Inequity in education is one of the worst offenders of economic growth for any country. Income levels, rural or urban settings, the educational level of parents, nutrition and health are just some of the factors limiting access, achievement, and permanence of children in learning situations. The barrier imposed by this combination of factors leading to Awareness-divide, is extremely rigid and difficult to surpass.
Evidence clearly shows that inequity in education in itself propels illiteracy and that leads to economic diversity. A lot rides on equity – economic standards, societal health & well-being and most of all – awareness. Awareness-divide is probably more dangerous than digital divide. This vicious circle is one that an education policy maker has to help break before taking a country on the path of economic growth.
It is therefore of paramount importance that an education policy, which brings in ICT as a means to develop computer culture should also focus on creating a level playing field.
In order to achieve equity in education, one has to be aware of the following:
What dimensions cause inequities,
How to address them and,
How to measure the inequities.
Six dimensions that cause education inequity
Gender, race, economic strata, geographic spread, technology and students of differing academic strengths (and with special needs too) are the six main dimensions, which can potentially cause inequities. To add to these, language poses a special barrier to be overcome.
Some of the questions that one should ask before planning for setting up an ICT education policy are:
What kind of reach-out-model (de-centralised, centralized, cluster, etc.) should be adopted to implement ICT education policy so that geographic diversity does not result in awareness-divide? Should e-Learning be adopted as policy alternative to specifically target remote and rural communities?
How to create a uniform technology platform, network infrastructure and content across the country so that digital-divide is avoided?
If research indicates that boy-students tend to develop adaptive expertise to computers than girl-students, then it is clear that equal opportunity and equal access by itself are insufficient. What should be the roles of ICT policy maker, school, and parents in ensuring that gender does not create digital-divide? Do we need novel pedagogical practices?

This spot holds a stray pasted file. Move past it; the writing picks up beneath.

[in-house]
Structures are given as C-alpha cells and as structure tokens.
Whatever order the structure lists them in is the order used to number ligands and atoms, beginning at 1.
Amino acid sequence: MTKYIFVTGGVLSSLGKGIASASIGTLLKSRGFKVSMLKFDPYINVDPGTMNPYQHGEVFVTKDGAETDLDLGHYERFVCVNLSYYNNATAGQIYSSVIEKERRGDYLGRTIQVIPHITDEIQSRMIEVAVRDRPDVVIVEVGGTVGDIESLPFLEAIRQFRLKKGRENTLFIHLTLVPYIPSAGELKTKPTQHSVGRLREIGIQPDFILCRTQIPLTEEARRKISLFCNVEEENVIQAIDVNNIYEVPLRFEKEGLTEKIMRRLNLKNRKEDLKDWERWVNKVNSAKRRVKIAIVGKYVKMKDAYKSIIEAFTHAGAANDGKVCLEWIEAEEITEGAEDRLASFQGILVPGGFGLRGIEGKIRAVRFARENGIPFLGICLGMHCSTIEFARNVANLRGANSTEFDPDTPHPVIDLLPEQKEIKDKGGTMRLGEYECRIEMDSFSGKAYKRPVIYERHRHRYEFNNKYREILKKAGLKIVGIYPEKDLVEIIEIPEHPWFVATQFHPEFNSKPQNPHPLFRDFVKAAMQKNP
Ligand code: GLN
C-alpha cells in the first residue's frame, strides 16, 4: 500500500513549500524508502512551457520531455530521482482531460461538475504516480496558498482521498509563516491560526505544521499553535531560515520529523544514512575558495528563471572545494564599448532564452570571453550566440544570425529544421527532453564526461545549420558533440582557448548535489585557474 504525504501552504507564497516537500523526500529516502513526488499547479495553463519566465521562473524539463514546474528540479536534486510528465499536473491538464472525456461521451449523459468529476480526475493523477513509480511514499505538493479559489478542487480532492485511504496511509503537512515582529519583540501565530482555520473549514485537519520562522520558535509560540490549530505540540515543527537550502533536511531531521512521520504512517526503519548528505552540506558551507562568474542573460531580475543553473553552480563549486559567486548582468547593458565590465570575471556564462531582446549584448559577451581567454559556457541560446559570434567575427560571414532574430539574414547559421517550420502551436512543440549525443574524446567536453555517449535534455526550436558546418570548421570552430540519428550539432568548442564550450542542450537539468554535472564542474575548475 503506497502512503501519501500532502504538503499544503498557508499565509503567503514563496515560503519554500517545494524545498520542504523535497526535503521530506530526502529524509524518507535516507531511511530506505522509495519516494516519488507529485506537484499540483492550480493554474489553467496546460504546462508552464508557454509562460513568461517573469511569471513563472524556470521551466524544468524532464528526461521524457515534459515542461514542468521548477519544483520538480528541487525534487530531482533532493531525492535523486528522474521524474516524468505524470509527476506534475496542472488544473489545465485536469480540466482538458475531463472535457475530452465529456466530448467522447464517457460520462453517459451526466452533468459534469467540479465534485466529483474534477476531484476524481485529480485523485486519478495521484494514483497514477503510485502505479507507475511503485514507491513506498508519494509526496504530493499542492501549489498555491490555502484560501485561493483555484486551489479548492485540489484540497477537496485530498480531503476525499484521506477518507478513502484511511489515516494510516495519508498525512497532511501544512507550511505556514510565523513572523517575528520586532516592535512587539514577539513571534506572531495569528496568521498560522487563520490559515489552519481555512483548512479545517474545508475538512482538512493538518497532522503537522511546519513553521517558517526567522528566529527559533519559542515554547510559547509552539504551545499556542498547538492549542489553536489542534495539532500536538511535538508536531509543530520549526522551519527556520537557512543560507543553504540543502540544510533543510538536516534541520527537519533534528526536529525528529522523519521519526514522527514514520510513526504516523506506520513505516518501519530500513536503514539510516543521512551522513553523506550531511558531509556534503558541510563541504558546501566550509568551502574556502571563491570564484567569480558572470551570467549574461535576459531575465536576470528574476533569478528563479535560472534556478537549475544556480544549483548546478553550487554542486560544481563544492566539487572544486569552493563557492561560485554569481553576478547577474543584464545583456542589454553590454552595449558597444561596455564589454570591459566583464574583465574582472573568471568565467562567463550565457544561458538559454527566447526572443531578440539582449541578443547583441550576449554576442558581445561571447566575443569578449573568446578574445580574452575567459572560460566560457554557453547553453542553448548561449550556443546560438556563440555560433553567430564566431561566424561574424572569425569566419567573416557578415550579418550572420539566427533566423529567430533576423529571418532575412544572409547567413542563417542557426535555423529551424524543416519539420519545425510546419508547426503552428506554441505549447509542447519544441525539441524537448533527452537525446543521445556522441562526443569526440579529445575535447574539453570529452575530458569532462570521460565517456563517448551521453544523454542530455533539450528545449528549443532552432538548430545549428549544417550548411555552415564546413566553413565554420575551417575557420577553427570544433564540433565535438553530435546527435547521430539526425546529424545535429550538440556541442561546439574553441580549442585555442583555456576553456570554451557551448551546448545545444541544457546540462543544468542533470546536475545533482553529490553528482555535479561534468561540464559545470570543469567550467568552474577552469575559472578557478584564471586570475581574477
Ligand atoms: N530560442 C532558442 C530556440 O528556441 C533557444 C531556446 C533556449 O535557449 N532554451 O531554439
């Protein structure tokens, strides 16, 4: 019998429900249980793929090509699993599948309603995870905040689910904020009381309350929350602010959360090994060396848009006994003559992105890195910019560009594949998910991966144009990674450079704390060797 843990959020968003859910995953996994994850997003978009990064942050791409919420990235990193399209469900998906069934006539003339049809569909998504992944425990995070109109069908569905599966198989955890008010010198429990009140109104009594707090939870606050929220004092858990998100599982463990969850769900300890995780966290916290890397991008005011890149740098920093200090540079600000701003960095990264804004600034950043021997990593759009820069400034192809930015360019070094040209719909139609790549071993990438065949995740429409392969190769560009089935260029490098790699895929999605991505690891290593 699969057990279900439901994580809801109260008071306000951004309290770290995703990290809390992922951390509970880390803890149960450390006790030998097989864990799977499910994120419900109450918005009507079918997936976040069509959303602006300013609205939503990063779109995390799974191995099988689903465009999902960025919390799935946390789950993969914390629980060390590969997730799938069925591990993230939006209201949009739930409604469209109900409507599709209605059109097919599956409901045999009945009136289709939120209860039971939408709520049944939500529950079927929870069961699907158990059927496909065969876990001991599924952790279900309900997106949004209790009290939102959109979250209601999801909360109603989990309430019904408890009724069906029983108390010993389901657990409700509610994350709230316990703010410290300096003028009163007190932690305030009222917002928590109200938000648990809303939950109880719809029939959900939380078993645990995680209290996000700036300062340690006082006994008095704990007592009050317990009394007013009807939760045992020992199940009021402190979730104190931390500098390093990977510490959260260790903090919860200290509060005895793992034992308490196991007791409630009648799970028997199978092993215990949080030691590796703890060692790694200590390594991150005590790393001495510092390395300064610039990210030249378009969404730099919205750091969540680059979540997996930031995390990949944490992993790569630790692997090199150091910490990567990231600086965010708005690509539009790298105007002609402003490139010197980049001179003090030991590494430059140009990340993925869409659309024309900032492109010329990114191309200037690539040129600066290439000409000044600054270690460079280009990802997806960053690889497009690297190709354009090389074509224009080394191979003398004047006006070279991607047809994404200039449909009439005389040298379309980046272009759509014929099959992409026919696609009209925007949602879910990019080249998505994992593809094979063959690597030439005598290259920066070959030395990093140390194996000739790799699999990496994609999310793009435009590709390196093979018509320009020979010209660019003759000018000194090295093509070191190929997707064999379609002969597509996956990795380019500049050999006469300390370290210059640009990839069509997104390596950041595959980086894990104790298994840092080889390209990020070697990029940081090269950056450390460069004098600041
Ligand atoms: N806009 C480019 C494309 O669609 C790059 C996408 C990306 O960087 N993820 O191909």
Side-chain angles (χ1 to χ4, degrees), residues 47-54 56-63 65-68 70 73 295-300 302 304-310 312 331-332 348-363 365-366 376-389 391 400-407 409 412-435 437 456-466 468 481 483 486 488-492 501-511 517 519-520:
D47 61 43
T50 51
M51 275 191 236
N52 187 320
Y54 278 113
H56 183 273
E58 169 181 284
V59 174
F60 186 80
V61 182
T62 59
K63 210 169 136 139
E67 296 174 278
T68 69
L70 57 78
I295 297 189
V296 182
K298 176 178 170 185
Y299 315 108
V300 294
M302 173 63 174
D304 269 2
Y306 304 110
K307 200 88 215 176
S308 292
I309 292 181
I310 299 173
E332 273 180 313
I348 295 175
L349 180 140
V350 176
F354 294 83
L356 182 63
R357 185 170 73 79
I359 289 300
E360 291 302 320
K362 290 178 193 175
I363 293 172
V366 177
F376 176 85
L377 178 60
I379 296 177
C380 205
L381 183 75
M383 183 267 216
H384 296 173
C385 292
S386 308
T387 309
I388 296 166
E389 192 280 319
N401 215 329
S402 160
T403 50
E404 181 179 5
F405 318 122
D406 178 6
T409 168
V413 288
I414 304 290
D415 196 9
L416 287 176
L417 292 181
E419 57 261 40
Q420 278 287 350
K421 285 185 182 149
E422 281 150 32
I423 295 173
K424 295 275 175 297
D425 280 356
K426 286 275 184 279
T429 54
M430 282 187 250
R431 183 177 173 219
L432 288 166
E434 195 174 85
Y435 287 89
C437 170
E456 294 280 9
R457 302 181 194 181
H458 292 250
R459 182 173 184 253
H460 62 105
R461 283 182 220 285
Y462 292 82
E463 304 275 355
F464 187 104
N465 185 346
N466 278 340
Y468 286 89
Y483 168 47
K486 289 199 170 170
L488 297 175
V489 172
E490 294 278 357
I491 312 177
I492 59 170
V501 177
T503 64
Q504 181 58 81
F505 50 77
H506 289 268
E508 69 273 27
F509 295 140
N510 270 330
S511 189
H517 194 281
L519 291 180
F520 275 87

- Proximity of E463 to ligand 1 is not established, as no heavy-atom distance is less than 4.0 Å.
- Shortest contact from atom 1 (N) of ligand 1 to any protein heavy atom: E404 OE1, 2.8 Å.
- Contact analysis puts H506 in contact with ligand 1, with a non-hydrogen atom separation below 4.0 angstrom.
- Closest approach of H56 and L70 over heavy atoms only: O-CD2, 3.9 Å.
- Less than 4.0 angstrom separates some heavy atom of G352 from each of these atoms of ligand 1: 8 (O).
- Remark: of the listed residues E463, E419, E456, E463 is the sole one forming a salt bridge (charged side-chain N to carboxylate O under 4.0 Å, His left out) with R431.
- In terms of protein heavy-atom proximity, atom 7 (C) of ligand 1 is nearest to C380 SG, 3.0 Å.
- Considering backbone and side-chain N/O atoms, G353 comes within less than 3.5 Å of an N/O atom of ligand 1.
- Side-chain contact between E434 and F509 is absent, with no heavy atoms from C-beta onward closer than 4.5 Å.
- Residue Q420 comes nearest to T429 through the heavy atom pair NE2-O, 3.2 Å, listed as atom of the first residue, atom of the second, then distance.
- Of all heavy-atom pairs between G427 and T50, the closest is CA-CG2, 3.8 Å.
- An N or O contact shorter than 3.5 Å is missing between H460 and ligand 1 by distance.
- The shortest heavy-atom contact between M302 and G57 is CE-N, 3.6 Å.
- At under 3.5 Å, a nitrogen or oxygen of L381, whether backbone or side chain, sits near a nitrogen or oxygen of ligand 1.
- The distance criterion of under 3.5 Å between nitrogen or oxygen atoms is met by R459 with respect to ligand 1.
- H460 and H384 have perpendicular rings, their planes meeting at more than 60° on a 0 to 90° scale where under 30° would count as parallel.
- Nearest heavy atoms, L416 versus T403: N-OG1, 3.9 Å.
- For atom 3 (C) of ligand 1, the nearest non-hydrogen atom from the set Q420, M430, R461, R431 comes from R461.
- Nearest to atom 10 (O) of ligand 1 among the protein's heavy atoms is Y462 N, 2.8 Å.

How useful can ICT be in improving the quality and quantity of education for special groups and communities?
Are lower achieving students less computer-friendly? Do they use computers for different purposes? How to address students with special needs?
What specific guidelines should the ICT policy maker include to reach-out to linguistic and ethnic minorities?
Inequity measuring indicator
There are various indicators by which different aspects of education across a country can be measured. Some such indicators are enrollment ratios, education attainment, quality by cognitive test scores, standard deviation of years of schooling, gender reach ratio, etc. Lately, an education-Gini index helps measure education inequity. Generally Gini coefficients are used to measure distributions of wealth, income and land. Using enrollment, financing or education attainment data one can derive education Gini-coefficients that help in understanding the divide in education. This would become an important input to the policy maker.
Conclusion – A holistic approach
A holistic approach needs to be adopted in order to address inequity problems. It is inevitable that technology has become an inherent part of the triad (others being content and teacher), of a students learning process. Thus as a part of policy planning process, every stakeholder (parent, peer, student, school, policy maker, technology provider, content provider) has a role to play in bringing this inequity down and without making efforts towards quantifying the inequities, a policy can never progress in its evolution.
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